ISMA welcomes the Cabinet’s decisions to help the sugar mills and cane farmers. The decision to fix a minimum ex-mill sale price of sugar at Rs.29 per kilo will improve ex-mill prices from current levels of around Rs. 28 per kilo, but may not impact the retail prices in any significant way.
However, the proposed minimum price of Rs. 29 per kilo is not enough to cover the cost of sugarcane at FRP of Rs.290 per quintal at the current all India average recovery of 10.8 percent . The ex-mill sugar price which supports the current FRP works out to around Rs.35 per kilo and therefore the Rs.29 is inadequate. It will, therefore, be a challenge to expect the sugar industry to clear the huge cane price arrears on this basis.
The other step of providing subsidized loans for ethanol production capacity is an excellent move. It will encourage setting up of more distilleries in the country over the next 3 years and will help in diverting some of the surplus sugarcane into ethanol and reduce surplus sugar in the long run.
However the decision to impose stock holding limits on sugar mills tantamounts to controls on sugar sales which is not the right way to move into the future. Creation of buffer stocks of 30 lakh tons will reduce some surplus sugar from the market, though only for a year, and will improve market sentiments to support domestic prices.
What is concerning is that there is no idea or proposal on rationalization of cane pricing policy, which is actually the main reason for all the problems of the industry today.
ISMA is the oldest industrial Association in the country which was established in 1932 when tariff protection was granted to the industry. It is recognised by both the Central and State Governments, as the central apex organisation to voice the cause of the sugar industry in the country. Sugar mills in both the private sector and public sector are eligible to become members of ISMA. Its total strength of membership as on date stands above 200. ISMA’s history is synonymous with the growth of the sugar industry in India which also began in the early 1930s.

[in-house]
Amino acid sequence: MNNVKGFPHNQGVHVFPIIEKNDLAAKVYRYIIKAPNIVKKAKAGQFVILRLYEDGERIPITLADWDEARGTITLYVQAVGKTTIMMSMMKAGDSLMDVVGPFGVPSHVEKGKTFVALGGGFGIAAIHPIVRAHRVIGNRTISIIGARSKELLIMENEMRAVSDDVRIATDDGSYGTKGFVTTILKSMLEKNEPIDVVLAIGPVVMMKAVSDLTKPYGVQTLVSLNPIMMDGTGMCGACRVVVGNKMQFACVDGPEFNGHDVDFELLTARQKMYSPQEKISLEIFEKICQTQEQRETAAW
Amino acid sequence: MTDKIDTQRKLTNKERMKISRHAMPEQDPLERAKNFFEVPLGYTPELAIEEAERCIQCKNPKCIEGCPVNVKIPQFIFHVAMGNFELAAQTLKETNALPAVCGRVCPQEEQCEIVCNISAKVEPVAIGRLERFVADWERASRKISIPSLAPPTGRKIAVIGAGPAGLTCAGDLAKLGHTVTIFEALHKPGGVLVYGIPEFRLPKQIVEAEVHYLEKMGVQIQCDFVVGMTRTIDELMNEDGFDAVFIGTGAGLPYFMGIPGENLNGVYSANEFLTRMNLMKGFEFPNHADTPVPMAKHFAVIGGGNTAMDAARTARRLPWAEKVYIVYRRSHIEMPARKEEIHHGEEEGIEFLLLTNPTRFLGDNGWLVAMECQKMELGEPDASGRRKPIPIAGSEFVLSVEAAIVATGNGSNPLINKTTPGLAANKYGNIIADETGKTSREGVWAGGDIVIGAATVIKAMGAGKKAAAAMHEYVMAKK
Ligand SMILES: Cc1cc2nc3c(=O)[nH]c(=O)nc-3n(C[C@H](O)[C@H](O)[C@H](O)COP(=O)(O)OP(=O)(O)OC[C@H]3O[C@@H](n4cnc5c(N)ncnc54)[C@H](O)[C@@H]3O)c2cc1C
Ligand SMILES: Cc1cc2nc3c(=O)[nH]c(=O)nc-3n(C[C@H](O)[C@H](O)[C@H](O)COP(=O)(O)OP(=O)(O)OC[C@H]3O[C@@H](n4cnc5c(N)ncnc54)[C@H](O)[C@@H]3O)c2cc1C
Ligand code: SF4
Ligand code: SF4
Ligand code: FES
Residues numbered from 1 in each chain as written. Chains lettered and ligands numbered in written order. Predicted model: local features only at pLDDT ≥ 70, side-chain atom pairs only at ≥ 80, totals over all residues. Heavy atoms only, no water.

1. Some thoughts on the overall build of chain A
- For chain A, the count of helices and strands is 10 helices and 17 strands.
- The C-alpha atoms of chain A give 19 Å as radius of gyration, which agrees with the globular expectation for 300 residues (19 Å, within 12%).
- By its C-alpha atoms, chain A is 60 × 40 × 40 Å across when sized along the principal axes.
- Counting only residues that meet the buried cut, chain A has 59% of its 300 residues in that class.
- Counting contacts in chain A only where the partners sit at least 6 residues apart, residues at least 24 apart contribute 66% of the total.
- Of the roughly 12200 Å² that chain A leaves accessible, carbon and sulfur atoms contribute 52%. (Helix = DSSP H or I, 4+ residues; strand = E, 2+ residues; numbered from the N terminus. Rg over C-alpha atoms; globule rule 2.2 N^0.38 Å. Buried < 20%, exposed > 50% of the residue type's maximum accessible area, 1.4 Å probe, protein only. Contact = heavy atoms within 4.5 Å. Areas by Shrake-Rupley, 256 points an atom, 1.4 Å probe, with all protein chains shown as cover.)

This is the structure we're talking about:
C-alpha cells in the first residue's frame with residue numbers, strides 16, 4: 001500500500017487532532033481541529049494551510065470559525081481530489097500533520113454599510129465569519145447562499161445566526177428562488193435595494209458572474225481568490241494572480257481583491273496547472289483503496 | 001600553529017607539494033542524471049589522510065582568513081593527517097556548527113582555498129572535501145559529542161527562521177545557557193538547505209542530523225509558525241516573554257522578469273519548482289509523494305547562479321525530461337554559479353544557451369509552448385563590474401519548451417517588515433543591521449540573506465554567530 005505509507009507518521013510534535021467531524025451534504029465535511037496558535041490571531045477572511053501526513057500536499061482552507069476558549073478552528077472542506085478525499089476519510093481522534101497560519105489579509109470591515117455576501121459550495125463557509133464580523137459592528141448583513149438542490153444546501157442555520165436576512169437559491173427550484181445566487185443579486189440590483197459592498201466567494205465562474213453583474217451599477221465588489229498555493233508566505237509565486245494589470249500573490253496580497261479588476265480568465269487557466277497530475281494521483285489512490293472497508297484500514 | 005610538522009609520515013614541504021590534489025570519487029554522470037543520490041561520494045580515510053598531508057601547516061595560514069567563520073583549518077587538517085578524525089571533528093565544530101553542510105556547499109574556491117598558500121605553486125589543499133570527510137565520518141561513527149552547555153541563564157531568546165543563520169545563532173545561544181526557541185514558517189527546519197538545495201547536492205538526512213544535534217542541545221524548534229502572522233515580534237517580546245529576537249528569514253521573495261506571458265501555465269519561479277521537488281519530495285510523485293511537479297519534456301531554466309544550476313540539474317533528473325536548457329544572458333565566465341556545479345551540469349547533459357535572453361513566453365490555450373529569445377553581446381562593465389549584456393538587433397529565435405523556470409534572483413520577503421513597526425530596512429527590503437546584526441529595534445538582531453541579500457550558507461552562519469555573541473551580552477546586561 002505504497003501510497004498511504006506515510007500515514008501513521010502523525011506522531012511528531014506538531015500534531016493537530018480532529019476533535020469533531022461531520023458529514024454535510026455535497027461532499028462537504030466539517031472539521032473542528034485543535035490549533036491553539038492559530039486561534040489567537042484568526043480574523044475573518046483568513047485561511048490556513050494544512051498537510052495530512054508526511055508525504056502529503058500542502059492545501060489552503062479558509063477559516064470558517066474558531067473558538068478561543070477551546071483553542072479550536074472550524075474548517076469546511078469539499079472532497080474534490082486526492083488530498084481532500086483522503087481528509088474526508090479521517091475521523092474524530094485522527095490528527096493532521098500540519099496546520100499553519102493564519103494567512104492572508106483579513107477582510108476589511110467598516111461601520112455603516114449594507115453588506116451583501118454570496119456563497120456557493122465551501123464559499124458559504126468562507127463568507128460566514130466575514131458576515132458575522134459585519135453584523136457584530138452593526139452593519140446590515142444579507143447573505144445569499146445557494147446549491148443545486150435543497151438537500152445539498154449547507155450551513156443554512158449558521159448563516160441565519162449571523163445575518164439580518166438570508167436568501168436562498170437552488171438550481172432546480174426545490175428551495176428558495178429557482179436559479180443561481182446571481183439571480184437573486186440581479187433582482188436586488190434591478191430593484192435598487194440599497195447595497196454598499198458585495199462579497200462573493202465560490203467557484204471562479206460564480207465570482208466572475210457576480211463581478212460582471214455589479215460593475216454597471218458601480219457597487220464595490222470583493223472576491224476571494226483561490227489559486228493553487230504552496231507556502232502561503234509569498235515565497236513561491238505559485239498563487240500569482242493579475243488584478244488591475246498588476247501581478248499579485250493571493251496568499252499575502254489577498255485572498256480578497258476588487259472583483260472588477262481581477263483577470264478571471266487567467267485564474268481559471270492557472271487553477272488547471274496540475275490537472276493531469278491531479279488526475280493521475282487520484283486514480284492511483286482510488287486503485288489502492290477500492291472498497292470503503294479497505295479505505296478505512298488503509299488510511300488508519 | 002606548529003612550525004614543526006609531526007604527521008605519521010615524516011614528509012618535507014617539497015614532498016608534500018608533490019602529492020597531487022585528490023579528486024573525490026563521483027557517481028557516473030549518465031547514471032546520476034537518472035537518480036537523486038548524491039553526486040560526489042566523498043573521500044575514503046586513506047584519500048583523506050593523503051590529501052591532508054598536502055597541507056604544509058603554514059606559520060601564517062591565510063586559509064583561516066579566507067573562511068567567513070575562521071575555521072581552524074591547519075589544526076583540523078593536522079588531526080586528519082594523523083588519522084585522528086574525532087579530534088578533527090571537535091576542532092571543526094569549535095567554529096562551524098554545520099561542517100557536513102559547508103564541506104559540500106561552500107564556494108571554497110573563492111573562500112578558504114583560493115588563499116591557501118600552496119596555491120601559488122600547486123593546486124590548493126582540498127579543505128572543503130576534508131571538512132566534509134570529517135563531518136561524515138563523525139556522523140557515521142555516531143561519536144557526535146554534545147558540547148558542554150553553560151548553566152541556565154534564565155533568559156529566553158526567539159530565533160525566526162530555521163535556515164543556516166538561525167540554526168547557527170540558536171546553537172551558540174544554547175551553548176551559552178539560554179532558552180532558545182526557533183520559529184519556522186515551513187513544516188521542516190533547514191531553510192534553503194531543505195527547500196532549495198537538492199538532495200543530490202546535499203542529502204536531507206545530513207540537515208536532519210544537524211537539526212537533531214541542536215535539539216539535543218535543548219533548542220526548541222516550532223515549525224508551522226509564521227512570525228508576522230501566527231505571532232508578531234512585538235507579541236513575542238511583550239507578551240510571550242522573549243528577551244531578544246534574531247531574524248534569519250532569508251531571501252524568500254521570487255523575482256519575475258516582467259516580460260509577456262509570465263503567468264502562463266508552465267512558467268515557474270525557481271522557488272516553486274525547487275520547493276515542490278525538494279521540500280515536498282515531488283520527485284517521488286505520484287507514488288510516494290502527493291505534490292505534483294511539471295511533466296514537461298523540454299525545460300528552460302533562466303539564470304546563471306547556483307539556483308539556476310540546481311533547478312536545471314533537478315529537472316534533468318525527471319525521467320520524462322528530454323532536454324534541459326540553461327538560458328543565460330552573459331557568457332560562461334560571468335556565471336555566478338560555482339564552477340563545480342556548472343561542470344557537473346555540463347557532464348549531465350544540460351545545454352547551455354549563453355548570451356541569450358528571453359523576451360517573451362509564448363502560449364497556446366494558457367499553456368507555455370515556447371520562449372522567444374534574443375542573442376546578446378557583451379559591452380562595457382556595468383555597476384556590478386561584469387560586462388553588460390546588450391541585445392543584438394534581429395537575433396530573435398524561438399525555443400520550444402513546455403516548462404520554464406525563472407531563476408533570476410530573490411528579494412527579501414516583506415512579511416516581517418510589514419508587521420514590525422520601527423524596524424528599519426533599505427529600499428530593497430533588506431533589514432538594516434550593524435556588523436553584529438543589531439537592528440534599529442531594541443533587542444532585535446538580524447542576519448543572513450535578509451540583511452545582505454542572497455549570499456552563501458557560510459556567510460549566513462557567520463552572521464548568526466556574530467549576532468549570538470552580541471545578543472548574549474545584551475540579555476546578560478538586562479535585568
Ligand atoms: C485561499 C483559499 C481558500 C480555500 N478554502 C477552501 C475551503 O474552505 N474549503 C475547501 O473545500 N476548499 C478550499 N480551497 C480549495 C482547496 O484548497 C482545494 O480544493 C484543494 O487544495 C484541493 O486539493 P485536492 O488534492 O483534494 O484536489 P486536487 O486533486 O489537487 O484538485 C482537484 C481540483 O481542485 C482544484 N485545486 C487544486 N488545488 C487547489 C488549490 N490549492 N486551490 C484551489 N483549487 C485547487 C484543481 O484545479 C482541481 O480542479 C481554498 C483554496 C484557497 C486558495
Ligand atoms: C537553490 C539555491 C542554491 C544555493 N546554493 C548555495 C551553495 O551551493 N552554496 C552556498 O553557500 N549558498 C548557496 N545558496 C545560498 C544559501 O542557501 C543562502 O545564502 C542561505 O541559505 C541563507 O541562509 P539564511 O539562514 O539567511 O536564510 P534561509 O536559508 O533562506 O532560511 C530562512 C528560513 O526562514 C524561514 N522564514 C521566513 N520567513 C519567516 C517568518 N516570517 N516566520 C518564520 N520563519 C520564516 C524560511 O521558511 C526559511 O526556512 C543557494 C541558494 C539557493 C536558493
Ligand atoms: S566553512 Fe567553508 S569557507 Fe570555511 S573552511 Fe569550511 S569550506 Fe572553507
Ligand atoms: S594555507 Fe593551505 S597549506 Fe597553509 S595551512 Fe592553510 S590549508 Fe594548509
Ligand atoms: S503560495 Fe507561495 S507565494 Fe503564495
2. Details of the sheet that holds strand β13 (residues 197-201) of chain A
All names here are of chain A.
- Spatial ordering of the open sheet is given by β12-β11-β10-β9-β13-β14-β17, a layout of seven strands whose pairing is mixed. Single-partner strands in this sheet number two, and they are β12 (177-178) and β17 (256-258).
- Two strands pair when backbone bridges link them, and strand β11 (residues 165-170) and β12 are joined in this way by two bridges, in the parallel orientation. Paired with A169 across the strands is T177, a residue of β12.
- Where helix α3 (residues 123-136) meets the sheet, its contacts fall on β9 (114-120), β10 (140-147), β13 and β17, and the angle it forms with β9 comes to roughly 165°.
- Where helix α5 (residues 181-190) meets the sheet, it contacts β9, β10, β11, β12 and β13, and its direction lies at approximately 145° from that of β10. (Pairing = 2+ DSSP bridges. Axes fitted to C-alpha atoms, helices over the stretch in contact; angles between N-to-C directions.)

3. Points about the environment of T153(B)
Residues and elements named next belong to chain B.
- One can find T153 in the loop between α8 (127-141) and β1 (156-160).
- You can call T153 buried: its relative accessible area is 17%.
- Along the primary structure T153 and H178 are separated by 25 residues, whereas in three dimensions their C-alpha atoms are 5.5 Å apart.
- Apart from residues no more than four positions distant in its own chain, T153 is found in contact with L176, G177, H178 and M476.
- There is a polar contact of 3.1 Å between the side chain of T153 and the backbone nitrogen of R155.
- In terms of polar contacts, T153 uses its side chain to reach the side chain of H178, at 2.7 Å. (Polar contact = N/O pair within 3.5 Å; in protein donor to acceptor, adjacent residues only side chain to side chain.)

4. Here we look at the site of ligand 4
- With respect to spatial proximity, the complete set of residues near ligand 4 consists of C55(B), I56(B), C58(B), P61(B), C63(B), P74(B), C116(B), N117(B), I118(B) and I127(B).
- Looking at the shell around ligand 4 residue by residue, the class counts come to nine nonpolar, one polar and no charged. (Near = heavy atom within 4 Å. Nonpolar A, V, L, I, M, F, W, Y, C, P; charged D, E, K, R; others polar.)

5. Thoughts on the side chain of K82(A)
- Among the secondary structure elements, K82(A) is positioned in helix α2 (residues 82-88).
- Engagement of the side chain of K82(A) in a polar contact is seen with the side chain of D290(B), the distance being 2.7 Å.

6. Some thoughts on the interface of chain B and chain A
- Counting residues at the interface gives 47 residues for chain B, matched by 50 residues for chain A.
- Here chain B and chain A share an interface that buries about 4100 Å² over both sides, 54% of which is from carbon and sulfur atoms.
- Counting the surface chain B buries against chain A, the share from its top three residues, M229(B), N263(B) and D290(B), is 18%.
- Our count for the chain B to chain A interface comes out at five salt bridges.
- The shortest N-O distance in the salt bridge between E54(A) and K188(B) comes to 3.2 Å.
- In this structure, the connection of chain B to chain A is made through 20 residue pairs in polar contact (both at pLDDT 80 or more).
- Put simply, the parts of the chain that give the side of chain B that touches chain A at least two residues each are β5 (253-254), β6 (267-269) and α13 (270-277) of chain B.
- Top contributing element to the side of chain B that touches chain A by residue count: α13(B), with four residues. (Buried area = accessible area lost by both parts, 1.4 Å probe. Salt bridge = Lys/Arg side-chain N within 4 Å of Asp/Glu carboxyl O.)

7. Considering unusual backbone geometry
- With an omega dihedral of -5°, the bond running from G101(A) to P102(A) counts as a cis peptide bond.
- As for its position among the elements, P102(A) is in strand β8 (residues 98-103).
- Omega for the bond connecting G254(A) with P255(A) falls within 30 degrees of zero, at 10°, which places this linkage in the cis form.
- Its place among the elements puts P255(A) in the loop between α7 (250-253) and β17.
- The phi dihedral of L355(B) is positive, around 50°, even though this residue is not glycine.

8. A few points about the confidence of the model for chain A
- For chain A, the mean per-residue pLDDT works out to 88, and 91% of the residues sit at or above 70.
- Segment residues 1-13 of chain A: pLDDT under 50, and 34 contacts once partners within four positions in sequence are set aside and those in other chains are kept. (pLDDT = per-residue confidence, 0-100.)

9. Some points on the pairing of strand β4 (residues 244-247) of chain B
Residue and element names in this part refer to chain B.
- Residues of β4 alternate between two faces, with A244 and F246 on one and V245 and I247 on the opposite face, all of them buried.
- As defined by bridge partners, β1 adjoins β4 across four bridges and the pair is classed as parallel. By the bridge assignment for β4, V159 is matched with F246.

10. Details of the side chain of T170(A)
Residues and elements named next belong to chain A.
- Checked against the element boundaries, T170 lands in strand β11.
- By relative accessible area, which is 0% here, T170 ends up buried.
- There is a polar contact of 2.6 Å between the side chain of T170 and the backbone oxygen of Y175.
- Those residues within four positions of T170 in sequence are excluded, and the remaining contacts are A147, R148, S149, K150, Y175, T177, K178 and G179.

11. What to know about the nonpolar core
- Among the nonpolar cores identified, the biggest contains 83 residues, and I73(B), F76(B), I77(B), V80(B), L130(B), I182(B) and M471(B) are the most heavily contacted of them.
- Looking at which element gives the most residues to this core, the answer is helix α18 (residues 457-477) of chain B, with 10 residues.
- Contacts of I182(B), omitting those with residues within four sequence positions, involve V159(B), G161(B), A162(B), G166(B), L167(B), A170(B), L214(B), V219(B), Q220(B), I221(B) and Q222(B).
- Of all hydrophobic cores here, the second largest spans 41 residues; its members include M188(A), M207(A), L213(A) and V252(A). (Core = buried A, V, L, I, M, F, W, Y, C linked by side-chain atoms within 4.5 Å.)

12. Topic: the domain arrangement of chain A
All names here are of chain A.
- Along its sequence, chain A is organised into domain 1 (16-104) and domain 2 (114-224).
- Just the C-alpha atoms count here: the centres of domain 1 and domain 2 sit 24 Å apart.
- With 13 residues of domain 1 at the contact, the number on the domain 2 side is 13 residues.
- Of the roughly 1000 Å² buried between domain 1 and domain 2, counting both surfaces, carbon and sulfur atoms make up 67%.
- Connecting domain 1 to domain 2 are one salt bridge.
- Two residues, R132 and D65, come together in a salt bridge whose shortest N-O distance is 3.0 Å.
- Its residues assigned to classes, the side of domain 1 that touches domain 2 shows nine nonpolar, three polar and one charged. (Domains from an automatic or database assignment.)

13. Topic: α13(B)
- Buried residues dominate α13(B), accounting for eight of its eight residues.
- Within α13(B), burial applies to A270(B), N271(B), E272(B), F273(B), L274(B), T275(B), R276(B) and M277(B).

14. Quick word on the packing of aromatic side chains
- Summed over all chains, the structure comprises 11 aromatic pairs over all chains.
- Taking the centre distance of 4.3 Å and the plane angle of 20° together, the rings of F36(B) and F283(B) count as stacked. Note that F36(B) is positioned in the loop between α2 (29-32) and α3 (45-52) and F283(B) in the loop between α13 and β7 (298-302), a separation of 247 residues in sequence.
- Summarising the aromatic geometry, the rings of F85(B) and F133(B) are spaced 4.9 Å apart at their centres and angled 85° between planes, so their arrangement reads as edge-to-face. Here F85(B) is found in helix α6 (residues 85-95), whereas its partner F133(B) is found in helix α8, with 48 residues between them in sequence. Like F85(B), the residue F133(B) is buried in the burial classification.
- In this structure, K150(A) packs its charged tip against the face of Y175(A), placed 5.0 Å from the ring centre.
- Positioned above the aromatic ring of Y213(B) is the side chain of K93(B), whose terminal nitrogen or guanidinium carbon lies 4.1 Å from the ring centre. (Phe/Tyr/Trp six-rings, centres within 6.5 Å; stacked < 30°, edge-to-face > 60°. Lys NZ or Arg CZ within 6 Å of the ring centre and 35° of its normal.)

India entered the sugar export market for the first time in the year 1957 which was entirely on the initiative of ISMA. ISMA itself then undertook export of sugar as the export agency of the Government for which a separate wing was started.
ISMA maintains close contacts with all regions in India through a network of regional (Affiliated Members) Associations and with international organizations and Associations through international bodies. ISMA is the interface between the industry and Government on matters relating to sugar policy, statistics, sugar price movement etc.
ISMA maintains a database for the sugar industry which is shared with all the member factories, media and also various Government organizations. The Association publishes a monthly journal, 'Indian Sugar', as well as yearly publications called Indian Sugar Year Book- Vol 1 & Vol II, List of sugar mills in India, Handbook of Sugar Statistics, giving all relevant information about each sugar factory is also published. A statistical handbook is also prepared every year on production, prices, sales, exports/imports etc. All these publications are also digitally available these days.
The office of the Association functions through its Committee and various Sub-committees on specific important issues. Special departments have also been created to provide guidance and help to the members on important topics.
The organization has a vibrant R&D Cell, it added yet another coveted feather on its cap by successfully executing satellite mapping of sugarcane areas in the country.
ISMA maintains a close network with several International industry Associations including International Sugar Organization, World Sugar Research Organization etc.
Krishi Jagran/New Delhi